Senate Bill 163 , aimed at increasing vaccination rates in Colorado, passed out of the House Health and Insurance committee on a party-line vote with seven Democrats in favor and four Republicans opposed.
The goal, according to sponsor Rep. Kyle Mullica (D), is to “increase our immunization rates here in Colorado.” The bill plans to achieve higher immunization by streamlining vaccination and exemption rules and making it easier to track statistics of who is and is not vaccinated.
“Make no mistake that nobody is being forced to do anything,” explained Mullica. “This preserves the exemptions and a lot of this comes from the stakeholding process.”
Opponents of the bill, many of whom oppose vaccinations of most sorts, claim it is a step towards formalized coercion by the state government in forcing children to be vaccinated.
“It is the incrementalism,” said Theo Wilson, who is opposed to the bill. “It is the way in which they slowly remove this choice and that choice. And before you know it there is no choice.”
A concern by opponents is that the non-medical exemptions, currently falling under religious and personal exemption categories, will be placed in one general exemption. The specific exemptions, they say, enshrine in law the specific objections to vaccinating children.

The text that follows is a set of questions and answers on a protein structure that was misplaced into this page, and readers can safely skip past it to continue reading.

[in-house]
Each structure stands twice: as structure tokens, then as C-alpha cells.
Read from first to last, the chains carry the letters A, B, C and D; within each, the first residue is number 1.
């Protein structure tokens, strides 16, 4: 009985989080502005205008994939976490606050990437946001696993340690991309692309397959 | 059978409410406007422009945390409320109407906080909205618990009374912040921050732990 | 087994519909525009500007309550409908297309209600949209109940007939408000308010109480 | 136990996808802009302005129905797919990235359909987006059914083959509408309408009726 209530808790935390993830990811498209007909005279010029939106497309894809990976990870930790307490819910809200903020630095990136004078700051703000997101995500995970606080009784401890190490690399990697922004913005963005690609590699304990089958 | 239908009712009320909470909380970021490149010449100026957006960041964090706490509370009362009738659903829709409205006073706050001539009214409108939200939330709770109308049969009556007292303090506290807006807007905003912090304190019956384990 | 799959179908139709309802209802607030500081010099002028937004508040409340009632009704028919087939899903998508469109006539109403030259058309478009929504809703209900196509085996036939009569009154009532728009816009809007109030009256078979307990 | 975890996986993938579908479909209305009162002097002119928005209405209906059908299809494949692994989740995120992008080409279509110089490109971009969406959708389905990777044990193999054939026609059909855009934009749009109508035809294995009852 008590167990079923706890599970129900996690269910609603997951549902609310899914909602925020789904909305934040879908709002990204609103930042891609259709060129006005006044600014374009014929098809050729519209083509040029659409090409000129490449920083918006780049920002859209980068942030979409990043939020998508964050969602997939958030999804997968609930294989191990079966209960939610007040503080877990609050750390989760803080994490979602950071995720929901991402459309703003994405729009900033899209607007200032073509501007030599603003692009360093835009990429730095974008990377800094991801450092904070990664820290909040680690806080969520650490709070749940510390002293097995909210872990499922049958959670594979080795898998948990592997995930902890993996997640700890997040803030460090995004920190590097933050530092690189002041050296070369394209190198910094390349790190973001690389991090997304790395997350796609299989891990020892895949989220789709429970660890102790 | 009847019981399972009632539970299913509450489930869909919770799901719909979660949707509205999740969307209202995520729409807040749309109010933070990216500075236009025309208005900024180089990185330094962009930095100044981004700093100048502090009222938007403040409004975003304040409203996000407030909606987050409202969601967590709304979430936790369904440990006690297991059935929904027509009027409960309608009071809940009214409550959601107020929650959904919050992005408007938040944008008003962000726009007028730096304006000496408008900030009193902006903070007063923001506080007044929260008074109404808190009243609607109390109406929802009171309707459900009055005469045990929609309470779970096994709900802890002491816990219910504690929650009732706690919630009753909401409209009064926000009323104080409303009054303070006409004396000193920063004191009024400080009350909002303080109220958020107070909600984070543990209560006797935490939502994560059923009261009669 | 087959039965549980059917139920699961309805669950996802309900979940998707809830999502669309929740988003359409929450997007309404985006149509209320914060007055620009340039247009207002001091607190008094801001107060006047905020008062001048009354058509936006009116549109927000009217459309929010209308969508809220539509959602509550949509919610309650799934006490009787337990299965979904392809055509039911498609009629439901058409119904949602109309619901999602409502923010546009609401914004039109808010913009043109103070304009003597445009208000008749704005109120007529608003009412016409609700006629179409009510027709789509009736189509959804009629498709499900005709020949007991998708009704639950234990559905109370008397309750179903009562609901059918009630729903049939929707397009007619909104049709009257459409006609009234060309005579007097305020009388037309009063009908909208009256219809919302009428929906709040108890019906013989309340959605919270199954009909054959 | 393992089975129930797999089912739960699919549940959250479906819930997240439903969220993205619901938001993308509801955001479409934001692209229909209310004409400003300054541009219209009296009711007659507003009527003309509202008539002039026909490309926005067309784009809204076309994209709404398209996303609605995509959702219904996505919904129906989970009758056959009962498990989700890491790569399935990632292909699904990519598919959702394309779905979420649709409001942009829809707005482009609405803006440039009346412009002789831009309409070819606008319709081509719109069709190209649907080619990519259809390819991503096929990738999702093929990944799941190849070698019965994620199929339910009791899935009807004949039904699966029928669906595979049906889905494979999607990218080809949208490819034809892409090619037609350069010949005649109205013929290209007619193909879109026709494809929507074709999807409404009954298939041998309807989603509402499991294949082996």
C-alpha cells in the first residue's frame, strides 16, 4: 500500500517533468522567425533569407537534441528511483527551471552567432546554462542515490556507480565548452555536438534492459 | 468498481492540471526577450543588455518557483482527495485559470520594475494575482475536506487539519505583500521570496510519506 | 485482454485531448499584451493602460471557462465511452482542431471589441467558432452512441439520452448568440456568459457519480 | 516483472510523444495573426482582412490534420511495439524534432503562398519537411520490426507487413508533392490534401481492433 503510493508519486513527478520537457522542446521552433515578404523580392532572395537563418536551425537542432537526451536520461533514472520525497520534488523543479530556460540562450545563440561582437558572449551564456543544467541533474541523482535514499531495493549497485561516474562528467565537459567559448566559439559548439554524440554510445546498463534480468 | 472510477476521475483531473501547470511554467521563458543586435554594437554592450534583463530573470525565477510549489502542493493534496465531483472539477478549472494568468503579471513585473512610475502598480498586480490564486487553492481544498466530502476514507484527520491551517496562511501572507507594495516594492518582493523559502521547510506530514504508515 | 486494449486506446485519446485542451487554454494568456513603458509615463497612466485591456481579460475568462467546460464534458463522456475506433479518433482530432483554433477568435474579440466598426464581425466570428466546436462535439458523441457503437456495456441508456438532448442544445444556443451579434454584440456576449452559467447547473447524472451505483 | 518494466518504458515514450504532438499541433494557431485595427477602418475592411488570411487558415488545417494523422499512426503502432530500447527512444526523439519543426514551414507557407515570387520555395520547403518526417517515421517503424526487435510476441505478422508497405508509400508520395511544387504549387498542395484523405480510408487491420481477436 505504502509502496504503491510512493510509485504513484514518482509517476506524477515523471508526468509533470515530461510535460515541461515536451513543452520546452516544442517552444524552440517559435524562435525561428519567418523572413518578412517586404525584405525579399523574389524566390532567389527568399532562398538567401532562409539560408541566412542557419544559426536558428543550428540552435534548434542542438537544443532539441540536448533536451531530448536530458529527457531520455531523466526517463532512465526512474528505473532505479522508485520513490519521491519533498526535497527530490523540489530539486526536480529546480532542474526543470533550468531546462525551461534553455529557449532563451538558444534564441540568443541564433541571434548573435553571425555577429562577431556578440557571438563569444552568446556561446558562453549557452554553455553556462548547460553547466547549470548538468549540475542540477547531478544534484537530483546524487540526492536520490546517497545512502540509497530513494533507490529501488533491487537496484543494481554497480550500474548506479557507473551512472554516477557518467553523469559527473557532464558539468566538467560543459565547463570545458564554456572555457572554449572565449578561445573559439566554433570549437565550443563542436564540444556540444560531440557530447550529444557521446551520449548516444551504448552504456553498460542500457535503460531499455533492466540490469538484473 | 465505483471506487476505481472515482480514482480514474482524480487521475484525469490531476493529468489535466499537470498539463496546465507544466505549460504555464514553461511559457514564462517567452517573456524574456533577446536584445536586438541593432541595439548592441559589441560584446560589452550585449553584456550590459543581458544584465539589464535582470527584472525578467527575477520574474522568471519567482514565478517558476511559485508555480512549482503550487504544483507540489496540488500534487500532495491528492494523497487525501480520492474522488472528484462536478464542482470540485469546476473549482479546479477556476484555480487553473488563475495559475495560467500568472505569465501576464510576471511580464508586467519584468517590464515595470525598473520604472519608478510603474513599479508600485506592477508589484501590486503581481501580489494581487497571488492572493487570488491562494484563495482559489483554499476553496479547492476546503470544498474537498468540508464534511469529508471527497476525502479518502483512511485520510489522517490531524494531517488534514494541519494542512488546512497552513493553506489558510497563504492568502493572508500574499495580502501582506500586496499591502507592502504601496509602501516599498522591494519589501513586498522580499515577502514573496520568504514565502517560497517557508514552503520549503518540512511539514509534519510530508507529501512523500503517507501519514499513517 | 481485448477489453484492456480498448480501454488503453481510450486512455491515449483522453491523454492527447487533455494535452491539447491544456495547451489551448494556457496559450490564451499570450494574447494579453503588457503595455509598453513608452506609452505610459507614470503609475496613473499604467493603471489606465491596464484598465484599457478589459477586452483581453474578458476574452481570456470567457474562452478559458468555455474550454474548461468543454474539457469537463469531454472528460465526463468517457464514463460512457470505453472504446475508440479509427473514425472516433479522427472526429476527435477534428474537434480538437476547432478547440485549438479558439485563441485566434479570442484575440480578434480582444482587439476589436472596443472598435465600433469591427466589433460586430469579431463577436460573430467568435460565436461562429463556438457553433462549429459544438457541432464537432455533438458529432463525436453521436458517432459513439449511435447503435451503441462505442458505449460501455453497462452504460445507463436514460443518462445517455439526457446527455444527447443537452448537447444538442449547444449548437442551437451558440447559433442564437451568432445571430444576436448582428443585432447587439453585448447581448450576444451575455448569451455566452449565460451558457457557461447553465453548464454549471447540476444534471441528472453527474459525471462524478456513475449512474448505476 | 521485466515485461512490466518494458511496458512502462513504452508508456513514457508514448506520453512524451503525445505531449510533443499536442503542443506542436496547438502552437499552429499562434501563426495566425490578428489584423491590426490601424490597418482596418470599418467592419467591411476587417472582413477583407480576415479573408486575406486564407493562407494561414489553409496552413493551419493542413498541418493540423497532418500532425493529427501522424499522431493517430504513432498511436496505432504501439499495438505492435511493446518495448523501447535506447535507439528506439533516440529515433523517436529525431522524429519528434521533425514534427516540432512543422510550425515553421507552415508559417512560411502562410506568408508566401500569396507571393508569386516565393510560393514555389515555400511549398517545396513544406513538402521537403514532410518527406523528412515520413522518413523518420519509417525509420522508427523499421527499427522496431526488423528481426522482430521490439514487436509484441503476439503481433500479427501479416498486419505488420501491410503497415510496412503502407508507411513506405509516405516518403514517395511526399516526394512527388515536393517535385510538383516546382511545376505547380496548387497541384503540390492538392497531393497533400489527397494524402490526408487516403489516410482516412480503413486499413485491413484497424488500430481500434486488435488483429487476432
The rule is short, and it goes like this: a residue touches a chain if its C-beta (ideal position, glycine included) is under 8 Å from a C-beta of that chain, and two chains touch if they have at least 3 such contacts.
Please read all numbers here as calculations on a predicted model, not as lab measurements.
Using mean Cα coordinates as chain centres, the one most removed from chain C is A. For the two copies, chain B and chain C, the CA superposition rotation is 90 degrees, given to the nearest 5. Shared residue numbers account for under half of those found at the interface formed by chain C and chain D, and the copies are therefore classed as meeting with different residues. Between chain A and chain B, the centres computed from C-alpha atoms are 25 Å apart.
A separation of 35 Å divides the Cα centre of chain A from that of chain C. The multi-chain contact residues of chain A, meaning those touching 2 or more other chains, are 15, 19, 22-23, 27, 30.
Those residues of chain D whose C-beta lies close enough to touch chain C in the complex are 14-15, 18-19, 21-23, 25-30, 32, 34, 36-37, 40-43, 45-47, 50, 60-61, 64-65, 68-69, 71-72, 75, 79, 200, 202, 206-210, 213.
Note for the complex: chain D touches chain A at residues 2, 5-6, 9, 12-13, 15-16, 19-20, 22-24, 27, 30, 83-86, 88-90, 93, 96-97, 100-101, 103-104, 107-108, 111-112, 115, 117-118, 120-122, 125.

“Once the exemptions based on conscience are devalued, removal is one step away,” explained a witness opposed to the bill. “It is a huge intrusion of religion. It is a huge intrusion of the American way of life.”
Proponents of the bill say it is a non-intrusive way to increase the vaccination rates in the state -- which are among the nation's lowest.
“It is a pretty important public health tool to know what kids are vaccinated at the schools,” said Michelle Aimes, spokesperson for Colorado Vaccinates, which is advocating for the bill. “I think lawmakers understand that now more than ever the incredible need to take all the public health steps we can.”